When discussing CNC machining surface finishing options, you may have heard terms like as-machined, anodizing, powder coating, or media blasting. But before we dig into the details of those processes, we need to clearly define two terms that are time and again used incorrectly: surface finish and surface finishing.
Let’s clear up the confusion, shall we?
But first, a bit more on surface finish.
Surface finish should not be confused with the use of geometrical tolerances such as flatness, profile, or total runout. Different methods are used to measure surface finish, and the term describes the irregularities of a surface at the micro-level rather than dimensional inaccuracies. But you may wonder: if geometrical tolerances are defined on your drawing, and if the exterior surfaces of your machined component look ok, why bother with micro levels and layers?
CNC surface finish and finishing methods are particularly important if your part is in contact with other components. For example, the purpose of a ball-bearing is to reduce rotational friction and support radial and axial loads. When one of the races rotates, the balls also rotate because of the contact between them. If the surfaces of the balls or the races have the wrong surface finish characteristics, then friction increases, creating additional wear and reducing component lifespan – even when the components were fabricated within geometrical tolerances.
You can see a visual comparison of surfaces with different roughness values in the image below. In addition to changing the look, roughness plays a key role in contact mechanics since higher roughness values increase friction and cause faster wear on components. More roughness also means more surface irregularities that can become nucleation sites for corrosion and cracks. Still, higher values of roughness aren’t necessarily bad; when you’re interested in adhesion, roughness can be a benefit if you choose an appropriate material and surface finishing option.
Now that you understand surface finish characteristics, we should talk about the prep work that happens before surface finishing processes are applied.
Masking may be required to protect a surface or hole during the finishing process because some finishes add a layer of material, and that added thickness can interfere with tight tolerances, threaded holes, and press fits.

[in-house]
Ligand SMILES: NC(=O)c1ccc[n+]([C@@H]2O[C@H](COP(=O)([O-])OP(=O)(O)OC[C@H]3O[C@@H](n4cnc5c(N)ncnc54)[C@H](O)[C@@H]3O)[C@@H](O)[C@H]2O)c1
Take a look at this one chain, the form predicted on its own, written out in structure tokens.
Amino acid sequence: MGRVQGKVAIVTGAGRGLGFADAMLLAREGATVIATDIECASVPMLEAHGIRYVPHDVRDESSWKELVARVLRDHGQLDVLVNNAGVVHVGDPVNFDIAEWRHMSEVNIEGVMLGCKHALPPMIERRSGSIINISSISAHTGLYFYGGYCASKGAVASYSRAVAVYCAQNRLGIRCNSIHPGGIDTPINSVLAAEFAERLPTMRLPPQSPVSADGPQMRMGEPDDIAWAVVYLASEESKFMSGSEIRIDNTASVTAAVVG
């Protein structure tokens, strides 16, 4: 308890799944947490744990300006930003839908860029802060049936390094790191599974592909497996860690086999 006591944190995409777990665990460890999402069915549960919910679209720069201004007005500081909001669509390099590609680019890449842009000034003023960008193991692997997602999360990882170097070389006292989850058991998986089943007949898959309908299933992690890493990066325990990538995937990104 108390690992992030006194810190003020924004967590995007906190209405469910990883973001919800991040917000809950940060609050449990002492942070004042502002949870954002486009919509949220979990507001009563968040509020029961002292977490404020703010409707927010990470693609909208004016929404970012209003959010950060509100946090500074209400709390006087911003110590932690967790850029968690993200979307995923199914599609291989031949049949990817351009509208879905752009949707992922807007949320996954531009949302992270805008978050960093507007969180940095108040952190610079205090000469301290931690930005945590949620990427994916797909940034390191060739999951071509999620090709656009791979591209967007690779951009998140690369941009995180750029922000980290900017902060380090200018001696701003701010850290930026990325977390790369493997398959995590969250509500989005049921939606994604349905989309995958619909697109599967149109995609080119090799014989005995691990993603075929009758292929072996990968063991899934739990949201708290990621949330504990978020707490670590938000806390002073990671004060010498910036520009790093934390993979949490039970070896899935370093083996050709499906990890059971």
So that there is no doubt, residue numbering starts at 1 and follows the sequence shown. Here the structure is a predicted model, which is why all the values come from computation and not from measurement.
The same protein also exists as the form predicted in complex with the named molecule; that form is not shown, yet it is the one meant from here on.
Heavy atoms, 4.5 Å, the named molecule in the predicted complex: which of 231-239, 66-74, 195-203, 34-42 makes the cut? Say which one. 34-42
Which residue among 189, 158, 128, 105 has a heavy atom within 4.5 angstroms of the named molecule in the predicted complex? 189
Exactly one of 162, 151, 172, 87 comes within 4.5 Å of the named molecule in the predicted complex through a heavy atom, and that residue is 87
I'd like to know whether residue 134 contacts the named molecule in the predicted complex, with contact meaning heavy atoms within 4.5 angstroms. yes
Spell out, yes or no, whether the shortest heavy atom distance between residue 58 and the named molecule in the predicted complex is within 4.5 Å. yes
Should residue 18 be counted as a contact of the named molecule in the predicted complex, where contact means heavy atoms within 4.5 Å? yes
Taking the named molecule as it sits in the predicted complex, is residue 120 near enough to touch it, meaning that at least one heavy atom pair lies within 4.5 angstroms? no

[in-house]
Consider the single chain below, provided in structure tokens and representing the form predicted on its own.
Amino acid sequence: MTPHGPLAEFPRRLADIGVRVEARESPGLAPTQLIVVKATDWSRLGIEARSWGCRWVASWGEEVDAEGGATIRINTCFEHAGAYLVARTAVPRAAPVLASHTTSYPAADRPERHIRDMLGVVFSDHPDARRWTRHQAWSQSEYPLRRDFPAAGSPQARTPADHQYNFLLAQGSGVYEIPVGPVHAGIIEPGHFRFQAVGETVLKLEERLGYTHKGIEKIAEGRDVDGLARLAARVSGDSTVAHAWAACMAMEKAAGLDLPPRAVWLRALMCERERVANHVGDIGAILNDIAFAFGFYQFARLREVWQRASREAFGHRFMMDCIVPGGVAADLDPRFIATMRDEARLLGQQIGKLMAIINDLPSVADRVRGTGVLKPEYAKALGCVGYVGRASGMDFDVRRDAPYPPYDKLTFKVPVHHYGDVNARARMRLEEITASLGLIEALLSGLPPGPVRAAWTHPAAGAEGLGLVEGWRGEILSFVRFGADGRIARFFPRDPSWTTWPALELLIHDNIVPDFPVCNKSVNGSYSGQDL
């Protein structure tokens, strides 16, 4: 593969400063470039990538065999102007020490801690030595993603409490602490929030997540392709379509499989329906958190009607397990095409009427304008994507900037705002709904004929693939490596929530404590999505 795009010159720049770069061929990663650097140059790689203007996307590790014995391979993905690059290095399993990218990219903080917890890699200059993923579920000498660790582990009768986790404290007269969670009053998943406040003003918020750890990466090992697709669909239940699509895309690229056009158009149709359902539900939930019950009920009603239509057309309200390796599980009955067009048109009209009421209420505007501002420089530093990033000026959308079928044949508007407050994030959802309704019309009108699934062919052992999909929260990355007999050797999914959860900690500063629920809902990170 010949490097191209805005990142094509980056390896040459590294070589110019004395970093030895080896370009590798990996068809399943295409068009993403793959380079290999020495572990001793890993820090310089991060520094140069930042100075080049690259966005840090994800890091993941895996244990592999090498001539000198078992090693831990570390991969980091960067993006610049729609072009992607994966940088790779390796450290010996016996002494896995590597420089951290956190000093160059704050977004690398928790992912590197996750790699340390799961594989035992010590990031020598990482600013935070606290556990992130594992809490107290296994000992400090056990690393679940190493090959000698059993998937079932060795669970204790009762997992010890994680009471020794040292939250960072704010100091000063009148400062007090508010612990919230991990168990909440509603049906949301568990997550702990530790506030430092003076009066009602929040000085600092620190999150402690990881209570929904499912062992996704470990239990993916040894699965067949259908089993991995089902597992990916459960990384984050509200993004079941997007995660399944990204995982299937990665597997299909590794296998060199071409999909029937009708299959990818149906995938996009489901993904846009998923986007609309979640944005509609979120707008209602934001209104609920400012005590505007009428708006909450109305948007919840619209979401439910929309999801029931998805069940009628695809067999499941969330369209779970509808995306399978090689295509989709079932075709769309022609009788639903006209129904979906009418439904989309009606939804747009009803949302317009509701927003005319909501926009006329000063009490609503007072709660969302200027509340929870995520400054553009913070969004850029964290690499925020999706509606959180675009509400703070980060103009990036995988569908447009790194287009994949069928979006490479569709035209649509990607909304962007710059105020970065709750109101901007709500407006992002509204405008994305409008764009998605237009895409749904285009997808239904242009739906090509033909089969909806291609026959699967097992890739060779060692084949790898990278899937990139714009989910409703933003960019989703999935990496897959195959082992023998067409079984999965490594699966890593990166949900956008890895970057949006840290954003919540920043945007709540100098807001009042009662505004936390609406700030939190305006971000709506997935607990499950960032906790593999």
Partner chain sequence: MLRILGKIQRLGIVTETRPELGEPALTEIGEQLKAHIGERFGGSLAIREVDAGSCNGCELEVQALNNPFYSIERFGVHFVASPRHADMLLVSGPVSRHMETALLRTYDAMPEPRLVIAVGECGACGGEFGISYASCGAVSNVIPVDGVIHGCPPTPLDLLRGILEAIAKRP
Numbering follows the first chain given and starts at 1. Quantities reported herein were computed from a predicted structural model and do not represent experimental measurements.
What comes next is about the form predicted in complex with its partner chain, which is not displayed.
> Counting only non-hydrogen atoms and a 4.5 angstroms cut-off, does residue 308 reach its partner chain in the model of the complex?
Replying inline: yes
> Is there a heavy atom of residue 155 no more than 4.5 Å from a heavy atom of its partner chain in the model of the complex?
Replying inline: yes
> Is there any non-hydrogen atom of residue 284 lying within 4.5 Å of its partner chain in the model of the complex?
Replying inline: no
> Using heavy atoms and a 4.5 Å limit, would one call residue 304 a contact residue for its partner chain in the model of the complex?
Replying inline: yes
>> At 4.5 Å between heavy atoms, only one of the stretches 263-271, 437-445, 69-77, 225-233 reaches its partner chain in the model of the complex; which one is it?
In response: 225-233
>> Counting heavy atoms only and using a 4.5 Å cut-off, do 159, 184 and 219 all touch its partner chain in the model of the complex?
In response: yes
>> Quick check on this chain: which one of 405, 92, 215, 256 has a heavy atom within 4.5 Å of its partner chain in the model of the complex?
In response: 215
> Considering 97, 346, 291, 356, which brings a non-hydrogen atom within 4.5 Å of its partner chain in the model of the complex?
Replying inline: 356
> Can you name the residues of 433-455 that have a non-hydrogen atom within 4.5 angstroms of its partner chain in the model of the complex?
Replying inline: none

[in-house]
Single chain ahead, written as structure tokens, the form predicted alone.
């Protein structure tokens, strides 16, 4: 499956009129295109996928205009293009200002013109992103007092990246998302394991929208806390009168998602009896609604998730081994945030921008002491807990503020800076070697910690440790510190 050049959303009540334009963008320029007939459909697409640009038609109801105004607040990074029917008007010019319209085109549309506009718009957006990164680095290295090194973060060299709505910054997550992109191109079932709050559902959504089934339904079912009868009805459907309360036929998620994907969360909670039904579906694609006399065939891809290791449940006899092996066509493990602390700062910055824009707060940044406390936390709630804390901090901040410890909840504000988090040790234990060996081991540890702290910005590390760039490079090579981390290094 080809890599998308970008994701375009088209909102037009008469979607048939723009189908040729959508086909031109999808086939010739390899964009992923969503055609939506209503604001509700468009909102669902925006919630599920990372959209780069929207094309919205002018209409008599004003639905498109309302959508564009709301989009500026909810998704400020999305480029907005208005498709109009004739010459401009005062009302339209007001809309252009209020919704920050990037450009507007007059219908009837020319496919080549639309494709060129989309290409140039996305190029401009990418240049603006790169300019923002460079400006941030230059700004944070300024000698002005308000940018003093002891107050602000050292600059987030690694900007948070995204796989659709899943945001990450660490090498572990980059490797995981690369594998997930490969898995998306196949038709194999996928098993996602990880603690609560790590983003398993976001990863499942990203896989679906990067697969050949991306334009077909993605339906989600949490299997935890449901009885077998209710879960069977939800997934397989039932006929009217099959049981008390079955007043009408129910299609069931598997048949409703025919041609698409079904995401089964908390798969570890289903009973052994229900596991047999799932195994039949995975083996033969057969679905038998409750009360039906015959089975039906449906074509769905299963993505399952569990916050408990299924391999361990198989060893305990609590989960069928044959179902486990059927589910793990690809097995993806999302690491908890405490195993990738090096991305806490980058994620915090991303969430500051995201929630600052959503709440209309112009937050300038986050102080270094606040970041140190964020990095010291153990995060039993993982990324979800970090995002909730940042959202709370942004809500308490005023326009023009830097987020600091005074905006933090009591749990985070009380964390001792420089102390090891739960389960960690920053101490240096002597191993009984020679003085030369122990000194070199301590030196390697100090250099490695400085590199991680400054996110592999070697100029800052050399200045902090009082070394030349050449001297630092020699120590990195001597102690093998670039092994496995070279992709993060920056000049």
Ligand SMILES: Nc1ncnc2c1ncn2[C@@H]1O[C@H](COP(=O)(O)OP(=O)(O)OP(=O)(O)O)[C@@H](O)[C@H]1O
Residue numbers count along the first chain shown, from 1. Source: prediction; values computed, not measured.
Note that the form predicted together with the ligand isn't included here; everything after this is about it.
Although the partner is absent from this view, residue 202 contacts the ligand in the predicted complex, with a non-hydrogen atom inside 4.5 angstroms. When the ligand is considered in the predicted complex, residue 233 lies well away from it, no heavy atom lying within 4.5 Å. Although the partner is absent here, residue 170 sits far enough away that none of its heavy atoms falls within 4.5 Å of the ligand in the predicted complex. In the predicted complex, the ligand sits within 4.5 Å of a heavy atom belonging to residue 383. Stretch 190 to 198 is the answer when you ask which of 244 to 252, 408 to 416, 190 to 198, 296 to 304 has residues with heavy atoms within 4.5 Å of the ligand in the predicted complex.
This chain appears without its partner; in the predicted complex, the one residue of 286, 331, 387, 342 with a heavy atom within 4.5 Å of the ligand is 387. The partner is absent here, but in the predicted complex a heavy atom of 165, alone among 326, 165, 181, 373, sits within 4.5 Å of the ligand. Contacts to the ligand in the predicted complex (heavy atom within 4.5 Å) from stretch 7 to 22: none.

For holes less than one inch in diameter, the hole is plugged with a piece of rubber, which prevents the finish from interfering with a tightly toleranced diameter or threaded hole. This process is manual and time-consuming, so each hole that needs to be masked can add to the cost of the part. For holes that are larger than one inch, some manufacturers have large rubber plugs, but some will use surface masking liquid to paint the inside of the holes.
Speaking of surface masking liquid, it’s used to protect surfaces that require a different finish for aesthetic reasons, or because a surface mates with another part and must maintain a certain tolerance.
In order to mask a surface, a protective lacquer is painted onto the part, then cured by air for about a day. Then comes post-processing when finishes are applied, and another day is required for them to cure. Finally, the masking liquid is removed, leaving the unfinished surface bare. Surface masking invariably requires longer lead times because it’s a manual process that requires curing time.
So, you understand surface finish characteristics and pre-finishing prep work, now it’s time to talk about the many finishing options for CNC parts – from conversion coatings and plating to abrasive and polishing processes.
Passivation prevents corrosion in steel and stainless steel. The process involves a chemical treatment that removes free iron from the surface of the material, resulting in a smooth, shiny finish. It’s not a coating, so it doesn’t add any thickness to the part and therefore does not require masking.
Alodine, the brand name of chromate conversion coating, is also known as chem film. It’s a thin coating used to passivate aluminum. The bath of chemicals used to apply the coating is often made with proprietary formulas, but all use Chromium as the main component. When requesting Alodine for your machined parts, you might see the process is to MIL-DTL-5541F spec, which refers to the US Military Specification of Chemical Conversion Coatings on Aluminum and Aluminum Alloys.
Alodine’s protective layer serves as a corrosion inhibitor and improves adherence for paints and adhesives, so it can be used in conjunction with decorative finishes. Alodine also allows aluminum to maintain its thermal and electrical conductivity, while other finishes mitigate that conductivity. The color can be clear, gold, yellow, or tan, depending on the exact product used. It’s typically a cheaper process, and the coating is prone to scratches and superficial damage.
Similar to alodine, anodizing is a passivation process that creates a protective layer on aluminum parts. The protective layer is formed using an acid electrolyte bath with a cathode passing electric current to the part, which serves as an anode (hence the name). Anodizing is a controlled way to oxidize a base material to improve durability and corrosion resistance. This outer layer is fully integrated with the substrate, so it does not flake or chip like paint and plating can. Due to the coating’s porous nature, anodized parts can also be dyed, painted, and sealed.